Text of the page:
Weighted Chess Pieces : Single vs Double vs Triple Weighted Chess Pieces
Much of the pleasure derived from playing a game of Chess comes from the look and feel of the pieces. While great-looking Chessmen adds to the aesthetic appeal, the tactile feel of the Chessmen - their heft, balance, stability, and the way they glide across the board - is perhaps even more important to the overall Chess-playing experience.
The sheer diversity of Chessmen
Chessmen vary in form, from minimalist and abstract to stylized and themed. They range in size from button-sized to life-sized. And they come in a wide array of substrates - stone, metal, ivory, bone, glass, wood, and plastic.
Naturally, all these factors, both individually and cumulatively, impact the relative weights of each set of Chessmen vis-a-vis all others. The concept of weighted Chessmen, however, doesn’t apply to a vast majority of these.
The concept of weighted Chessmen applies only to pieces that are
Built to standard size specifications - where the height of the King ranges between 2.5” to 5”
Made from the most commonly-used, relatively lightweight substrates of Wood and Plastic
At Royal Chess Mall, we use weighted Chessmen in many of our premium Chess sets. This enhances the sheer pleasure associated with playing Chess - in two crucial ways:
Weighted Chessmen have greater heft to match the sheer gravitas associated with a chess move.
Weighted Chessmen are far more stable, which ensures they don’t topple when inadvertently touched by a player, or exposed to a strong breeze in outdoor conditions, either of which could potentially upset a game at a crucial juncture.
Most of our premium, weighted Chessmen come with plush felt- or baize-lined bases, to cushion the impact between the piece and the board.
This not only protects both the Chessmen and the Chessboard from sustaining impact-related damage but also makes the Chessmen appear like they are floating on the board - and allows the pieces to glide smoothly from one position to another along the playing surface - for a far more luxurious feel.
How our Chessmen are weighted
We drill a hole at the base of each of our wooden Chessmen, into which we insert weights, in the form of lead or iron pellets, before sealing the base shut with plaster of Paris and sanding it smooth.
In the case of Plastic Chessmen, we insert the pellets into a special cavity built into the mold, before injecting molten plastic into the mold which hardens snugly around the inserted pellets.
Single-weighted pieces have a single metal pellet inserted into them - usually made of iron.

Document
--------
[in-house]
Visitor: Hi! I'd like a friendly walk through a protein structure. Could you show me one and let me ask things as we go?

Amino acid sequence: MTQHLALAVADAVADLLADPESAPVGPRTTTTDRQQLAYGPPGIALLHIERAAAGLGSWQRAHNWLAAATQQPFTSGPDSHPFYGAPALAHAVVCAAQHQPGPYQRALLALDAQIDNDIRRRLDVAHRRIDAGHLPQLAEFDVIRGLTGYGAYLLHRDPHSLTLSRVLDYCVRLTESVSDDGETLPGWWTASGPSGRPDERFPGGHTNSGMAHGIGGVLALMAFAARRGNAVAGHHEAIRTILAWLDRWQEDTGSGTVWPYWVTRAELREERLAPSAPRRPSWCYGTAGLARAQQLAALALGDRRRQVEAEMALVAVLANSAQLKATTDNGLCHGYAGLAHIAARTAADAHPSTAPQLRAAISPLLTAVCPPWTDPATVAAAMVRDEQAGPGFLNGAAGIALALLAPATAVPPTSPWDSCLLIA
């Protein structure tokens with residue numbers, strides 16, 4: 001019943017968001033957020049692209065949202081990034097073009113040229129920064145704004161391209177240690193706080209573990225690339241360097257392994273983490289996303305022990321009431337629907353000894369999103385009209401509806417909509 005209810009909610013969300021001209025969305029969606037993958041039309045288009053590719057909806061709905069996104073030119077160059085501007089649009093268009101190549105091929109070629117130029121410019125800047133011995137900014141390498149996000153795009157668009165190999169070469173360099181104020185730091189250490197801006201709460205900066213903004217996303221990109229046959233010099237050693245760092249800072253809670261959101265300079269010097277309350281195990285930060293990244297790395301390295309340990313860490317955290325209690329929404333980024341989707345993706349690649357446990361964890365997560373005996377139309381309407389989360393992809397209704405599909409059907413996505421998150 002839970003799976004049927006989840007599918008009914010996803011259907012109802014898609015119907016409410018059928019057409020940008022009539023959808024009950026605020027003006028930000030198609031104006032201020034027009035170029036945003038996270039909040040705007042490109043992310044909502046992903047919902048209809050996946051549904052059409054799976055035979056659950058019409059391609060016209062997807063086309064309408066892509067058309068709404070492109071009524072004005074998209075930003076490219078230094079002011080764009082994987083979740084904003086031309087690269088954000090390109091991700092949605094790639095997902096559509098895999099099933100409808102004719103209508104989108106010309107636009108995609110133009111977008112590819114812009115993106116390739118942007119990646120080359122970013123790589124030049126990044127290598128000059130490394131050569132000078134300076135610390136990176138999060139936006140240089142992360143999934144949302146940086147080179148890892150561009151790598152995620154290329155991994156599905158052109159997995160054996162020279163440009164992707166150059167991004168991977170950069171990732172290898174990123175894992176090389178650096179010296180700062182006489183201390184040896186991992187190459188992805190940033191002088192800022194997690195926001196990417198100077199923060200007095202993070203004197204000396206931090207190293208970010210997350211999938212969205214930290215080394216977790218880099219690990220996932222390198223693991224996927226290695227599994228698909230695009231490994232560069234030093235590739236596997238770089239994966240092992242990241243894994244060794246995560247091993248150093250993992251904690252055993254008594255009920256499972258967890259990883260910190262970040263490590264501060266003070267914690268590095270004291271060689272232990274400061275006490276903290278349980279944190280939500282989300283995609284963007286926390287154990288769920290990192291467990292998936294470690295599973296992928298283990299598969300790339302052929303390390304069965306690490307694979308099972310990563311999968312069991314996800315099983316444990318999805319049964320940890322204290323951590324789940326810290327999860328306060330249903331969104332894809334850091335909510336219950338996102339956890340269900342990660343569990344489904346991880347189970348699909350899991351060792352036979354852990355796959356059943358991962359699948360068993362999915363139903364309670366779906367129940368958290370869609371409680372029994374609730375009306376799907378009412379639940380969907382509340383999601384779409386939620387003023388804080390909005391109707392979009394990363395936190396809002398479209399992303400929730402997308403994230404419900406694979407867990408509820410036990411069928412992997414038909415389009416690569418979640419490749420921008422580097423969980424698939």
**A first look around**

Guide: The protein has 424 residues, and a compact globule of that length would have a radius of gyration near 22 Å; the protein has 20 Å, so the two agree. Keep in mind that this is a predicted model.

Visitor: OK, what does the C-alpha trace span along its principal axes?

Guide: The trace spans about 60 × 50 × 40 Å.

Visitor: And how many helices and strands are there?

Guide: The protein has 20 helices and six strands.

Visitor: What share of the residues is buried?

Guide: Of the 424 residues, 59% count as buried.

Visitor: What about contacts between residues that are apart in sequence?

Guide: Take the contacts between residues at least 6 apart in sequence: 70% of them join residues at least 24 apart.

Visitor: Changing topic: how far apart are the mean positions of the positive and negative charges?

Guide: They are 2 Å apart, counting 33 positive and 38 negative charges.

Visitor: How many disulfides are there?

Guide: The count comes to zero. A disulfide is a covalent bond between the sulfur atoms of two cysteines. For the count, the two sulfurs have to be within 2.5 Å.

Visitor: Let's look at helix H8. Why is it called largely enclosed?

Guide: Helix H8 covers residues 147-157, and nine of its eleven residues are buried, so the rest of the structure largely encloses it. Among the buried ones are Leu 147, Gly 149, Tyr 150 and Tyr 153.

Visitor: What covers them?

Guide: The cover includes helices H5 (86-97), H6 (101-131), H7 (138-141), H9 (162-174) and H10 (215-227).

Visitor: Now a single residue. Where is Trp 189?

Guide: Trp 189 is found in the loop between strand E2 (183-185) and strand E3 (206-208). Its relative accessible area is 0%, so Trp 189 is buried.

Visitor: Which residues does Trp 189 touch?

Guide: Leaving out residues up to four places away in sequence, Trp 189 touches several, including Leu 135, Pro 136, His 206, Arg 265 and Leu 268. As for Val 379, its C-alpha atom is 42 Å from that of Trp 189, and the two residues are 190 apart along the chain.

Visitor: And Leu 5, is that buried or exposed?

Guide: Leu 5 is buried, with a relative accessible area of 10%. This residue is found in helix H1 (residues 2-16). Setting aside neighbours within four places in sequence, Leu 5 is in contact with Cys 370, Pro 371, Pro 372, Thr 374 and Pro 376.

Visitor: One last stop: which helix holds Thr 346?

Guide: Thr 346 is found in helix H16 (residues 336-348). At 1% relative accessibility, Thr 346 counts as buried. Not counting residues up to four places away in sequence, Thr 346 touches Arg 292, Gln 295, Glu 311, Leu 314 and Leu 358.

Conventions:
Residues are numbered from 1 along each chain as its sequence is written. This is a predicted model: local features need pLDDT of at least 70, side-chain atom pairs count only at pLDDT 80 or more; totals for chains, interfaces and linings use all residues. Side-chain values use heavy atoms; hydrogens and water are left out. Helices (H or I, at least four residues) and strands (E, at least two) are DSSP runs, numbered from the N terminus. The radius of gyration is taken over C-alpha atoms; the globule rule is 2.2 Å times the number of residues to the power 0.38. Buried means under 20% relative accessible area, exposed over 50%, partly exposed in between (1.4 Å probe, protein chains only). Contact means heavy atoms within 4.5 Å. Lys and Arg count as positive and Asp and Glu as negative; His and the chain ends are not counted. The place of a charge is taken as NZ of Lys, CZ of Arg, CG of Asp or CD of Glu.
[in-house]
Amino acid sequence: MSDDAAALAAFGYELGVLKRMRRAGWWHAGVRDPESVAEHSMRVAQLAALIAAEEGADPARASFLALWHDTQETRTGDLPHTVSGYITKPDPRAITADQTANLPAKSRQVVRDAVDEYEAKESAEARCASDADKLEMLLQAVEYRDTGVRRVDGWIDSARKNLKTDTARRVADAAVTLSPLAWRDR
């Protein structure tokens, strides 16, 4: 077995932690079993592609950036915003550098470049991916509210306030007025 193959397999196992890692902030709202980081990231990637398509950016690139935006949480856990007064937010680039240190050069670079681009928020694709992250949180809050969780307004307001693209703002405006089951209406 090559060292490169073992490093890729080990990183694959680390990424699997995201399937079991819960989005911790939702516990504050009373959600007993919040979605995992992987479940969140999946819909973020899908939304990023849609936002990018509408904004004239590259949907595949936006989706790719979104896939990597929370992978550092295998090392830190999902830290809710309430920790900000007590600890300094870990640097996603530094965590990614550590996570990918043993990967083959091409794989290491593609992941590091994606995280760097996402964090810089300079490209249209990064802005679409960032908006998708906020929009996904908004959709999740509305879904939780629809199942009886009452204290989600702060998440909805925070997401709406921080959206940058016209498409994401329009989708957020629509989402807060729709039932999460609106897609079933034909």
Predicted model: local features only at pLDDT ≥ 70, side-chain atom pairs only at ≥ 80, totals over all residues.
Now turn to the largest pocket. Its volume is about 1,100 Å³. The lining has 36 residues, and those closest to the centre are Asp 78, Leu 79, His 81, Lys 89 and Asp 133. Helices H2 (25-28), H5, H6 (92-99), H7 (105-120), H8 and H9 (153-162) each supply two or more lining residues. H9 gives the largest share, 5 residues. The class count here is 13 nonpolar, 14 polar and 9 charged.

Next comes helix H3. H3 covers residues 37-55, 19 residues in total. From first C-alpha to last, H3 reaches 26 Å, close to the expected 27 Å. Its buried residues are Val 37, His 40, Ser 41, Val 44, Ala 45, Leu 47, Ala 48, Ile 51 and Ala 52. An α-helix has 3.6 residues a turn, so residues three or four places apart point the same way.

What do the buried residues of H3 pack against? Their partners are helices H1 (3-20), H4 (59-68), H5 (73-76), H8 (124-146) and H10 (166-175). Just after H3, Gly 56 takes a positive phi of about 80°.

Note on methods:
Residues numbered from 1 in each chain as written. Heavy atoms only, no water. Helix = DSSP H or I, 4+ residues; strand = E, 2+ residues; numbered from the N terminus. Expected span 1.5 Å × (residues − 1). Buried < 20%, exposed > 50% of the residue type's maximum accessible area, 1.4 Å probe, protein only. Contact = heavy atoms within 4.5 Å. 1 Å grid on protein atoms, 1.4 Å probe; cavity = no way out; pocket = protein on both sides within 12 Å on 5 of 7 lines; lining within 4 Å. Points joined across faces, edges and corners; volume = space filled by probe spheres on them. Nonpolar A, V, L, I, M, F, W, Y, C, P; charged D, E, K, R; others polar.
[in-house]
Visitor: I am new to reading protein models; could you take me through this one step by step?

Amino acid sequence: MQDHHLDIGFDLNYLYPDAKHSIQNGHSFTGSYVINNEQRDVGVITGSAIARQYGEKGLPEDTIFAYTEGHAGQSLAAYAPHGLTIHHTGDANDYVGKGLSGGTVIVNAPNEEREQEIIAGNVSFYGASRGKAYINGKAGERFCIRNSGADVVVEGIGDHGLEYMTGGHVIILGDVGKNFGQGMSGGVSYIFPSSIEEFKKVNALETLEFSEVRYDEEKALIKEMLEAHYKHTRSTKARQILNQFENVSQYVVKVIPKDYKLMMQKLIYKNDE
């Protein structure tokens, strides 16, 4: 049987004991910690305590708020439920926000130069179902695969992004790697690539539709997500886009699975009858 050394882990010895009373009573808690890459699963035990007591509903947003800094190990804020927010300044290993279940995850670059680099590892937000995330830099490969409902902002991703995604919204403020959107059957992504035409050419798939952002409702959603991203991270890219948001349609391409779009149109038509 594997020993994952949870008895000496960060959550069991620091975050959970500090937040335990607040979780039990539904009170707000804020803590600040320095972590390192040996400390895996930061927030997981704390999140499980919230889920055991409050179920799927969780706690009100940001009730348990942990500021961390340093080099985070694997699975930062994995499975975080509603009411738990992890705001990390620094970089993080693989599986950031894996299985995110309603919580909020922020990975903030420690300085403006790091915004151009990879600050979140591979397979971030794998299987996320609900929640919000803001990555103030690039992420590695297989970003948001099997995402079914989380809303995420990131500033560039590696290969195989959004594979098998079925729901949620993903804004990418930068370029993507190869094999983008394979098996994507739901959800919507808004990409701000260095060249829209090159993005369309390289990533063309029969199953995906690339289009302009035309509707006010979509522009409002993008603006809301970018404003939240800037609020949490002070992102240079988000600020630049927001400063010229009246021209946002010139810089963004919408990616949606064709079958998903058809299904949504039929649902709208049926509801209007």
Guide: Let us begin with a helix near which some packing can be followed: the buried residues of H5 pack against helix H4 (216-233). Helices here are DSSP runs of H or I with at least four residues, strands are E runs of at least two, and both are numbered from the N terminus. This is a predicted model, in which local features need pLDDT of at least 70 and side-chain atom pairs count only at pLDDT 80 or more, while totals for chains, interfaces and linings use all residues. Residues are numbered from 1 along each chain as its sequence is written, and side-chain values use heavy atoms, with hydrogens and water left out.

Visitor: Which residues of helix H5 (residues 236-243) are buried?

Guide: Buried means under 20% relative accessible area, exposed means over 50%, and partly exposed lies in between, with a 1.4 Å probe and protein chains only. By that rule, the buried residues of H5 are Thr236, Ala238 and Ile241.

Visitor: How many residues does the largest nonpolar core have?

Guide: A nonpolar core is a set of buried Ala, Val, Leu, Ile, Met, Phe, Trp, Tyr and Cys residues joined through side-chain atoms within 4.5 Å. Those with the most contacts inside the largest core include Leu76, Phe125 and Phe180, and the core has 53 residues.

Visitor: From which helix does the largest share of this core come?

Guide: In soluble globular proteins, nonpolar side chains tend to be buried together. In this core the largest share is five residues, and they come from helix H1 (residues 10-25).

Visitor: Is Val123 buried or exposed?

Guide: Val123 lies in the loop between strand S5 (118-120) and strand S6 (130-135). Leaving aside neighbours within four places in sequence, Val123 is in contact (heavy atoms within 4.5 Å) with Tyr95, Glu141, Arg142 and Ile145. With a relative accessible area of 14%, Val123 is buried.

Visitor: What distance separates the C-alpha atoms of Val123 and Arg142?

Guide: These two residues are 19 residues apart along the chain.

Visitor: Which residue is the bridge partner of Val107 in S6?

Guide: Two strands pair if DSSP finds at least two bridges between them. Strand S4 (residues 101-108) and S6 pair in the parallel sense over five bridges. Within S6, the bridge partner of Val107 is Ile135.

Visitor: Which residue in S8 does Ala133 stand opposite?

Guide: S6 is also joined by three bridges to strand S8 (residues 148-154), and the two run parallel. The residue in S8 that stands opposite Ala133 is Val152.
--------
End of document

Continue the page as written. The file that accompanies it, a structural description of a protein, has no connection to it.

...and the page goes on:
3.7” British Staunton Weighted Chessmen in Ebonized Boxwood
Double-weighted pieces, which are heavier than single-weighted variants for a given size of Chessmen, will contain two metal pellets made of iron or a combination of iron and lead or even a single pellet of lead.
3.9” double-weighted Russian Zagreb Chessmen in Bud Rosewood
Since lead is a relatively denser metal vis-a-vis iron, it allows for the insertion of a heavier weight, without changing the size of the pellets.
Triple-weighted pieces, usually used in larger-sized luxury Chess sets, are even heavier than double-weighted pieces, typically having three iron pellets or a single large lead pellet inserted into them.
4.5” triple-weighted Sheffield Staunton Luxury Chessmen in Ebony
The size, and therefore the weight, of these pellets, may vary based on the size of the pieces into which they are inserted. So while a triple-weighted piece will always be heavier than a double-weighted piece of identical size, a double-weighted piece of larger dimensions may outweigh a triple-weighted piece of smaller dimensions.
Possible drawbacks of weighted Chessmen
While it is generally accepted that weighted Chessmen find favor amongst Chess players across standards and categories, one of the major drawbacks of weighted Chessmen is the danger that the weights may be incorrectly installed or that they may become dislodged.
This will result in the weights rattling around disconcertingly within the piece. It may even compromise the balance of a piece, effectively contributing to a problem they are meant to prevent - that of mishaps caused by the propensity of Chessmen to topple over.
Another problem often encountered when dealing with lead-weighted Chessmen is that when exposed to high ambient temperature, the expansion of the lead weights may cause the Chessmen to crack.
An optimal gap must therefore be calculated and maintained, between the lead pellets and the inner walls of the Chessmen, to account for the degree of expansion (and contraction) of lead.
Weighing-in on weighted Chessmen
The drawbacks notwithstanding, it’s clear as daylight that the advent of weighted Chessmen has immeasurably enriched the experience of playing the game of Chess.
So, if you wish to partake of the delight of playing Chess using weighted pieces, just visit Royal Chess Mall and take your pick from our wide range of exquisitely handcrafted premium Chess sets.
We promise you won’t regret it, for even if your schedule doesn’t let you play the game as often as you’d like, just those glances of admiration tinged with envy will make the acquisition well worth your while!